Boil one barrel of new cider down half, peel and core three bushels of good cooking apples; when the cider has boiled to half the quantity, add the apples, and when soft, stir constantly for from eight to ten hours. If done it will adhere to an inverted plate. Put away in stone jars (not earthen ware), covering first with writing-paper cut to fit the jar, and press down closely upon the apple butter; cover the whole with thick brown paper snugly tied down. - Miss Sarah Thomson, Delaware.
Egg Butter. Boil a pint of molasses slowly about fifteen or twenty minutes,, stirring to prevent burning, add three eggs well beaten, stirring them in as fast as possible, boil a few minutes longer, partially cool, and flavor to taste with lemon. - Mrs. Colbert, Broadway.
Tea-cup white sugar, three eggs, butter the size of half an eggr beat well together; add juice and grated rind of one large lemon,, place in a pan set in a kettle of hot water, stir well until thick. This may be made up in quantity, kept for a long time in bottles or jars, and used as needed for filling tarts, etc.
Take the seeds out of one pumpkin, cut in small pieces and boil soft; take three other pumpkins, cut them in pieces and boil them soft, put them in a coarse bag and press out juice; add juice to first pumpkin, and let boil ten hours or more, to become of the thickness of butter; stir often. If the pumpkins are frozen, the? juice will come out much easier.
Pie-plant Butter. Allow one pound of sugar to each pound of peeled and cut up rhubarb; let the rhubarb and sugar simmer gently for an hour, or more if the rhubarb is old and tough. This is a nice preserve, and children should be encouraged to eat it during the winter.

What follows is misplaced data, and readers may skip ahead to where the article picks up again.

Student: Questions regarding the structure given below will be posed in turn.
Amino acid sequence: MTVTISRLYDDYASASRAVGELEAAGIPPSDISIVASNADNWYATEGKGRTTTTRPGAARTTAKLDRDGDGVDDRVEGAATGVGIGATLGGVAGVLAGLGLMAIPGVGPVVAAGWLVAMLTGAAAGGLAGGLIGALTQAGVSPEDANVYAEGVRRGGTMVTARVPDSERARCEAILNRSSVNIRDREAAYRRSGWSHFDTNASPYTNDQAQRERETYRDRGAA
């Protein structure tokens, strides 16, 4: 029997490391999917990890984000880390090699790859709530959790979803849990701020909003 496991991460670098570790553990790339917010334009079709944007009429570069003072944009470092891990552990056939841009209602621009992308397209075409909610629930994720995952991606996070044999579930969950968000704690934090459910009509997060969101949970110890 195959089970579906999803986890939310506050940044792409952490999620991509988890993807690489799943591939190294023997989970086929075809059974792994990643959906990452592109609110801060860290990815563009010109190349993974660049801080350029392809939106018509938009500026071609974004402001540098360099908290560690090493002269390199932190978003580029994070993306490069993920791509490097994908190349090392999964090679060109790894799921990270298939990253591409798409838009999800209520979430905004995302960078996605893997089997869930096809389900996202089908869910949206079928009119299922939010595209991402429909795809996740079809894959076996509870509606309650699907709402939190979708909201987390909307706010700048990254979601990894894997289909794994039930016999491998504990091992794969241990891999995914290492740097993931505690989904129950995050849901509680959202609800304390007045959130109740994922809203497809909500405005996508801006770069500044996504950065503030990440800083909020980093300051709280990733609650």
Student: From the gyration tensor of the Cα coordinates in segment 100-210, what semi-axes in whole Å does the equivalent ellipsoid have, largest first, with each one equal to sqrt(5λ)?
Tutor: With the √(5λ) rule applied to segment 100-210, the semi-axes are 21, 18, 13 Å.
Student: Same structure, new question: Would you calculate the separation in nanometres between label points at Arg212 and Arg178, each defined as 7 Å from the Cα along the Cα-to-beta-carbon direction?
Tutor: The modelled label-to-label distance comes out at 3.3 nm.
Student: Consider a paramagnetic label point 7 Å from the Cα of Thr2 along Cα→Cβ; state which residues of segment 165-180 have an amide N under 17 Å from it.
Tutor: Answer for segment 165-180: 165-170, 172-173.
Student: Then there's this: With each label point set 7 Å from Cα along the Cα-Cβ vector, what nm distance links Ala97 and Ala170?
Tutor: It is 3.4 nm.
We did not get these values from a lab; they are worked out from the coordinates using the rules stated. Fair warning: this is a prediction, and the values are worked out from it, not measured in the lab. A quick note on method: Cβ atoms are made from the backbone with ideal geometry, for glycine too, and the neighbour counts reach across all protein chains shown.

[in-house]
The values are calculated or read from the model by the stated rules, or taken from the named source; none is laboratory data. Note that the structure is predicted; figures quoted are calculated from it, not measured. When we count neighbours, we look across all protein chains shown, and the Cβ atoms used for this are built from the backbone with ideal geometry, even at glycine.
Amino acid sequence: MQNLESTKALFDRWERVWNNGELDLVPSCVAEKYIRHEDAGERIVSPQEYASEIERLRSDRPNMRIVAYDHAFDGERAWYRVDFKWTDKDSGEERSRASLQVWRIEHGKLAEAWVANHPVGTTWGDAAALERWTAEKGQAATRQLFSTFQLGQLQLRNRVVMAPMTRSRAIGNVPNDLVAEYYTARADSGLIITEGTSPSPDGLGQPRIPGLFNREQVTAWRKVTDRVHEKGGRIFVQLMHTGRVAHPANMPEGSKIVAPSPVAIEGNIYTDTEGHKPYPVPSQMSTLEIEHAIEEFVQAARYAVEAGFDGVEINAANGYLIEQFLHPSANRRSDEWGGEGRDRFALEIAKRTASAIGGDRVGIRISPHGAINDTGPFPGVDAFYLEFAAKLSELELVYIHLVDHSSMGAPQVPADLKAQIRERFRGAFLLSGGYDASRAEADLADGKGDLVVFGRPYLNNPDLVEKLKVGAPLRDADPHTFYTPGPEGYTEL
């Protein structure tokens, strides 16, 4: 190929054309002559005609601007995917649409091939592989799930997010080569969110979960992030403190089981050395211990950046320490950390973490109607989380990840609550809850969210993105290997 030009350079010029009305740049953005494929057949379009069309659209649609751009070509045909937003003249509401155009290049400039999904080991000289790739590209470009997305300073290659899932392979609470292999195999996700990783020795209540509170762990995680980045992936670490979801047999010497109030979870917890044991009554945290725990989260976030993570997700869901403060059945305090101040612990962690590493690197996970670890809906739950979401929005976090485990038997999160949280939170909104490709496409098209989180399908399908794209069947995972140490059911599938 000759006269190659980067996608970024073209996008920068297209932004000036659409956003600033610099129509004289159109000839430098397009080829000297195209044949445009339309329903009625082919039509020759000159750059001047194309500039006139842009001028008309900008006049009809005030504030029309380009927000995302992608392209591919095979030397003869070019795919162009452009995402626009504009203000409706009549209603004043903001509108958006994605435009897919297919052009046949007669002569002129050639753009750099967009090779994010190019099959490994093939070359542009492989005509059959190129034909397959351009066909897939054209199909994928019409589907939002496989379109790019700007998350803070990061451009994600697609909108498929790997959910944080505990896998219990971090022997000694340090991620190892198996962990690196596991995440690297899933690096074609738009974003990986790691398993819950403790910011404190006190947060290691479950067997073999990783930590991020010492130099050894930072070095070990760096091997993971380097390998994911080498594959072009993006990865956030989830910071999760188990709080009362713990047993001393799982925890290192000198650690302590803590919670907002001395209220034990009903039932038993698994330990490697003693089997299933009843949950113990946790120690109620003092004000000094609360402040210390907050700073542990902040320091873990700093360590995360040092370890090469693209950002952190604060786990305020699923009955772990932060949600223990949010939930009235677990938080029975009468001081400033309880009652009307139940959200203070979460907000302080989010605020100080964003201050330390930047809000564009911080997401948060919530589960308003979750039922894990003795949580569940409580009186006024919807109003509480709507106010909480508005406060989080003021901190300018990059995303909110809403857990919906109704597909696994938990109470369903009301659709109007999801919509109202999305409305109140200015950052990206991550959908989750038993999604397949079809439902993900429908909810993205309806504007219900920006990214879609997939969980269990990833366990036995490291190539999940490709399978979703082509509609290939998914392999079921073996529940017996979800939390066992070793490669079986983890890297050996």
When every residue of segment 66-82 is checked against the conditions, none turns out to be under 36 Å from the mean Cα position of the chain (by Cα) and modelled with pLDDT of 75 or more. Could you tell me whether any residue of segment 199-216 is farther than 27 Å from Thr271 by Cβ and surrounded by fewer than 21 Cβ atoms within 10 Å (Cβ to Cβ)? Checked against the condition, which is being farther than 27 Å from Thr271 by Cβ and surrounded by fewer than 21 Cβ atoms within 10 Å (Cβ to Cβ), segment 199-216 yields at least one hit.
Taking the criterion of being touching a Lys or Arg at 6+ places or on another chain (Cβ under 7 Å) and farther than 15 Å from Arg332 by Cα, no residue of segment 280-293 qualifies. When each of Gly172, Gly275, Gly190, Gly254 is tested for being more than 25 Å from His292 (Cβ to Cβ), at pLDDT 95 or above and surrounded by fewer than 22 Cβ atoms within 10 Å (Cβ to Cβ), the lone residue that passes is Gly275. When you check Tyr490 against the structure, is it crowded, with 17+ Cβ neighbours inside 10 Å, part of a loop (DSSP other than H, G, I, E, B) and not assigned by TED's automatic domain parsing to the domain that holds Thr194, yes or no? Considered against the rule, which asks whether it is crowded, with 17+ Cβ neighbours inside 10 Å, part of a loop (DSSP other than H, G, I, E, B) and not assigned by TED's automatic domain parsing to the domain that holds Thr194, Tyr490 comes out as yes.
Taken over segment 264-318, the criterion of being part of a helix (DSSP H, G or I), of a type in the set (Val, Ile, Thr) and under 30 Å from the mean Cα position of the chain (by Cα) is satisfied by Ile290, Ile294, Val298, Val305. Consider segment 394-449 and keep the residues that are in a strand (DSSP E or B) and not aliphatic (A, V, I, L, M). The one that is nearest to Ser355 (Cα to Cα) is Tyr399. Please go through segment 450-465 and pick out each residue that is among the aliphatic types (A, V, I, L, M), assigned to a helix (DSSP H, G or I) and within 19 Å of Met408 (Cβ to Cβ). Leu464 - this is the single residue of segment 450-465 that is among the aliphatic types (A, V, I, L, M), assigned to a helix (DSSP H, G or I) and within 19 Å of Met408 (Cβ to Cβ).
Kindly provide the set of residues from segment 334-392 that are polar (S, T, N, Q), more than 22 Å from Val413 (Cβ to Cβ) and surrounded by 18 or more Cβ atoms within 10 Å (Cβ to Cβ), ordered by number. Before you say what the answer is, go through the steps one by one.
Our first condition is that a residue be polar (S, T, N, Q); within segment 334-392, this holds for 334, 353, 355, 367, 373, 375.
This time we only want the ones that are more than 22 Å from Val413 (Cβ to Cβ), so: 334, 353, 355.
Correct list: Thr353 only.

Choose ripe, well-flavored fruit, and it is well to make with preserves, reserving for marmalade those that are too soft. The flavor is improved by first boiling the pits in the water with which the syrup is to be made. Quarter the peaches and boil thirty minutes before adding sugar, stirring almost constantly from the time the-peaches begin to be tender; add sugar in the proportion of three-fourths pound sugar to one pound fruit, continue to boil and stir for an hour longer, and put up in jars, pressing paper over them as directed for jellies.
Pare, quarter and core quinces, cut in little squares, measure and allow an equal amount of sugar; place the fruit in a porcelain kettle with just water enough to cover, boil till tender, and skim out carefully; make a syrup of the sugar and the water in which the quinces were boiled, let come to boiling point, skim well, and drop the quinces gently in; boil fifteen minutes and dip out carefully into jelly-bowls or molds. The syrup forms a jelly around the fruit so that it can be turned out on a dish, and is very palatable as well as ornamental. In this way quinces too defective for preserves may be used. - Mrs. Mary A. Cooper.